[ Parent ]

              •  My mother's on medicare and it's damned bad. (0+ / 0-)

                So is my mother in law, and, in a few years, I'll be there, too.

                Eye of the beholder, I guess.

                LG: You know what? You got spunk. MR: Well, Yes... LG: I hate spunk!

                by dinotrac on Wed Mar 14, 2012 at 05:52:34 AM PDT

                [ Parent ]

                •  example???? (0+ / 0-)

                  a for instance????

                  •  Difficulty getting doctors, long waits for (0+ / 0-)

                    care.

                    She's lucky in one regard -- she is the widow of fighter pilot killed in the line of duty.  Sometimes she is able to get VA care, but that's it's own mess.

                    LG: You know what? You got spunk. MR: Well, Yes... LG: I hate spunk!

                    by dinotrac on Wed Mar 14, 2012 at 06:12:40 AM PDT

                    [ Parent ]

                •  yeah. ok. right. (2+ / 0-)
                  Recommended by:
                  PinHole, askew

                  then your mom would be the very small percentage of people ONE MEDICARE who don't like it. She's perfectly free to go get herself a private policy, Dino. Why don't you encourage her to do that? It's a free country.

                  Maybe she can even get a 7000 coupon to offset the monthly costs if the GOP can pass the money-saving ryan plan.

                  Or can she not afford private insurance? Or does she have some condition that would preclude her being able to get it? Why does she keep medical coverage she hates? It's a free country. Have her call Humana or someone. I'm sure they'll be happy to sell her a plan. Or of course, if its SO bad, she can just  refuse medicare coverage. That's within her right as well. No one is forcing her to use medicare. Or is SOMETHING better than NOTHING?

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                  by mdmslle on Wed Mar 14, 2012 at 06:12:08 AM PDT

                  [ Parent ]

                  •  Ah -- the old fallback? Who cares if we deliver (0+ / 0-)

                    shit?  The customer has no choice but to take it.

                    The Democratic Party philosophy.

                    LG: You know what? You got spunk. MR: Well, Yes... LG: I hate spunk!

                    by dinotrac on Wed Mar 14, 2012 at 06:13:46 AM PDT

                    [ Parent ]

                    •  not at all. your solution is to eliminate it. (0+ / 0-)

                      Something is better than nothing. And excuse me, she HAS a CHOICE is she hates it so much.

                      why don't you true answering my questions?

                      if she hates it why doesn't she just PAY for private policy OR pay cash for doctor's visits?

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                      by mdmslle on Wed Mar 14, 2012 at 06:15:26 AM PDT

                      [ Parent ]

                      •  You dissemble mightily. (0+ / 0-)

                        First, I only talk about elminating the Medicare program by eliminating the need with a compreshensive health care system that doesn't create segregated ghettos for poor folks and old folks.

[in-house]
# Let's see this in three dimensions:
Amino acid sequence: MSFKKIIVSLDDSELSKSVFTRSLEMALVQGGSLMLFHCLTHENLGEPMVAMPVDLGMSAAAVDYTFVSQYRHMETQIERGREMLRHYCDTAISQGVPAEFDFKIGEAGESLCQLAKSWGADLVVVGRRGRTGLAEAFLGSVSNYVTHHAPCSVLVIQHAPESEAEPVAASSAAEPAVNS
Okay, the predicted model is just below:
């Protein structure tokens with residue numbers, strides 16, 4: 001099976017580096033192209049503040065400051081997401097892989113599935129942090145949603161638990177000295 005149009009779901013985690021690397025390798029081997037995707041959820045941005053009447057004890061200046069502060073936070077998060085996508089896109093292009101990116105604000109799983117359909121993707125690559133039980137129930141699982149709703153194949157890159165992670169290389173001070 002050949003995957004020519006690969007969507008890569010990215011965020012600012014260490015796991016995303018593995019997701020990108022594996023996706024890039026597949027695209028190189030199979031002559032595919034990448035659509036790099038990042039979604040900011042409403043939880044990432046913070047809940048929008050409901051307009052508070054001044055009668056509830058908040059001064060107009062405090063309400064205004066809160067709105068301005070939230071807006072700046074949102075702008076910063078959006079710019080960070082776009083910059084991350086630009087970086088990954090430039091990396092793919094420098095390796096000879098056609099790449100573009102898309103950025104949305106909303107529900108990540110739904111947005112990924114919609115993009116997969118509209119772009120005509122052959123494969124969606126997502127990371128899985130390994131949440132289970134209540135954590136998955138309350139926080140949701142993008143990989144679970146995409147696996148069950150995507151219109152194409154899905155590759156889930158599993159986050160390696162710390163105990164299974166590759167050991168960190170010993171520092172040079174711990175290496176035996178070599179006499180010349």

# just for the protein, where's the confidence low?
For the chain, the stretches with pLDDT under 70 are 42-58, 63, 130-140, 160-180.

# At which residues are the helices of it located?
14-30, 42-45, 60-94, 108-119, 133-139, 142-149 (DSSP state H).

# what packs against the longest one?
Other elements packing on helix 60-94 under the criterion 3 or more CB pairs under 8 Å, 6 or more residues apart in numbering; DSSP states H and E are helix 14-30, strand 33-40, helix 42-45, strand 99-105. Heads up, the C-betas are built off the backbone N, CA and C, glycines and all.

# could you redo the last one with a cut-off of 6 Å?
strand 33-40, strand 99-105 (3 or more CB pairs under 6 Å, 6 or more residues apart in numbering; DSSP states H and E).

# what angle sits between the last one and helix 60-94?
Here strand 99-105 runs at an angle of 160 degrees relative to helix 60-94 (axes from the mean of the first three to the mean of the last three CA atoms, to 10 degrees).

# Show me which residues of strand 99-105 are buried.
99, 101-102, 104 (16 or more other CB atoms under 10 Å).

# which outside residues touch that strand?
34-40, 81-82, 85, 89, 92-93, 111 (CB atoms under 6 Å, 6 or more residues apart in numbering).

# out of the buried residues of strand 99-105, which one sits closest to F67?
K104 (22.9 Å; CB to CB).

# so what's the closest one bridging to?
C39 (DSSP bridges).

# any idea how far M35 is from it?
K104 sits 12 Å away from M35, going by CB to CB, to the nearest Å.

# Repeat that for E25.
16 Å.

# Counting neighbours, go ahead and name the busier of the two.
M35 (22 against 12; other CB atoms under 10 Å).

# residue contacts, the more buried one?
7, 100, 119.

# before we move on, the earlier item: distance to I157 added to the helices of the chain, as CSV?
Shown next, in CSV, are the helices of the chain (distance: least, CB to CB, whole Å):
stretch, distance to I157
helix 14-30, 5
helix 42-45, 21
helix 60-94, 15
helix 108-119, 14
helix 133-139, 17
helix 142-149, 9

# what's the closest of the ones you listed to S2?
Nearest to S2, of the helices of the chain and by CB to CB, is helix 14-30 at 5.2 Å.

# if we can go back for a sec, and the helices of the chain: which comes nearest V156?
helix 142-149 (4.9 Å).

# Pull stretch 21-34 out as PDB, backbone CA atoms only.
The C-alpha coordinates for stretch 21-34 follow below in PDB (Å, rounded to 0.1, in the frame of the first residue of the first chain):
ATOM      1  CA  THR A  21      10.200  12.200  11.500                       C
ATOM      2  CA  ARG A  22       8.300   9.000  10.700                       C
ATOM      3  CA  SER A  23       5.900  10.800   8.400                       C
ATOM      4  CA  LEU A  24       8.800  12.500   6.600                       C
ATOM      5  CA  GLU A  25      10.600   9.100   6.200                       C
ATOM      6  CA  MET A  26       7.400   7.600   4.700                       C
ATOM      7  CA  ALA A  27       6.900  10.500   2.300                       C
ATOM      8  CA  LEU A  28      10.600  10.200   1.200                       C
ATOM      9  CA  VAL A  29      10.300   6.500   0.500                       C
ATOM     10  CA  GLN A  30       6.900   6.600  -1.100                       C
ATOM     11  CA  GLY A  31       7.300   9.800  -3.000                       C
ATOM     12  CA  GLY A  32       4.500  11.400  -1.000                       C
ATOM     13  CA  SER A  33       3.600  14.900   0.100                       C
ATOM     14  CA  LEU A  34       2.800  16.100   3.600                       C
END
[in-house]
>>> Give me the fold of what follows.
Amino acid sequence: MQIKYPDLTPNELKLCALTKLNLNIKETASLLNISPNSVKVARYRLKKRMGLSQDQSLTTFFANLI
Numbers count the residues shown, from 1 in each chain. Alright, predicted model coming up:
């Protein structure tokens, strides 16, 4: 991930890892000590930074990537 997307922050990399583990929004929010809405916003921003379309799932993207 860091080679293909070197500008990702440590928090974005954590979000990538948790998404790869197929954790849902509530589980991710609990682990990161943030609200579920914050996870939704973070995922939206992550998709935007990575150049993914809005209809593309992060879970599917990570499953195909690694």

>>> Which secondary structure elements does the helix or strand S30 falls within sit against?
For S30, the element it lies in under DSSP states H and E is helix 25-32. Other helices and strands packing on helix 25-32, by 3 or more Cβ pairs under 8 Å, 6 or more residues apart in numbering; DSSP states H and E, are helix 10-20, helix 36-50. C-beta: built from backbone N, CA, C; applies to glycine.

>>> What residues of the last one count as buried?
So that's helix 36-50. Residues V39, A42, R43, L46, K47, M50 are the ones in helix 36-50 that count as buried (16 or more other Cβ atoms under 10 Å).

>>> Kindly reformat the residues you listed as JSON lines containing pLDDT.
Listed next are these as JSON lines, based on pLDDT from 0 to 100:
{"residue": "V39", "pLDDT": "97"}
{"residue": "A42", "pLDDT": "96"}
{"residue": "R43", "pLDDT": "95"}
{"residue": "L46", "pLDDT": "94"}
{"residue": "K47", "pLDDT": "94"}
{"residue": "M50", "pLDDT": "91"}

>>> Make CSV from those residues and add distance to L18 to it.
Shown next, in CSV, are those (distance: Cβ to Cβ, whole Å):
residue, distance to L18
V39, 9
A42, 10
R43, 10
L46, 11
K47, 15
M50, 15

With regard to choice...hello?

                        A 78 year old woman living on a pension doesn't really have much choice.  Go back and study up some of the original justifications for Medicare, and the fact that elderly folks can't get affordable care is one of them.

                        Yes -- Medicare is absolutely better than nothing, so long as you can find a doctor willing to treat you.

                        Gotta say, though, "Better than nothing" isn't a very inspiring bumper sticker.

                        LG: You know what? You got spunk. MR: Well, Yes... LG: I hate spunk!

                        by dinotrac on Wed Mar 14, 2012 at 06:46:11 AM PDT

                        [ Parent ]

                        •  better than nothing is the reality. it doesn't (1+ / 0-)
                          Recommended by:
                          PinHole

                          preclude improvement, dino. and you yourself started it with the ridiculous canard about "liberal fallback" of something always being better than nothing.

                          of course a 78 year old woman can't get private insurance. that's the entire point of the ridiculous argument that started with "cost savings". And many 48 year olds and 28 year old and 18 year old can't get private insurance either. That's why we need something that provides it. ACA costs money. But it also saves money in the long run because when that 28, 48, or 58 year old presents at an ER with some condition, we have to pay for it anyway. Unless, we just adopt a policy of letting people die because they have NO coverage. The GOP would cheer such an idea, and did. But we liberals actually value human life. So yes, it costs a few bucks to get people enrolled and covered. ACA needs a substantial amount of improvement to be something I embrace fully. But yes, something is better than nothing and yes, it will cost a few bucks on the front end.  

                          I need your help for the NN booth for People-Powered Public Television (ppptv.org). Please help me out with your vote! CLICK HERE

                          by mdmslle on Wed Mar 14, 2012 at 07:05:48 AM PDT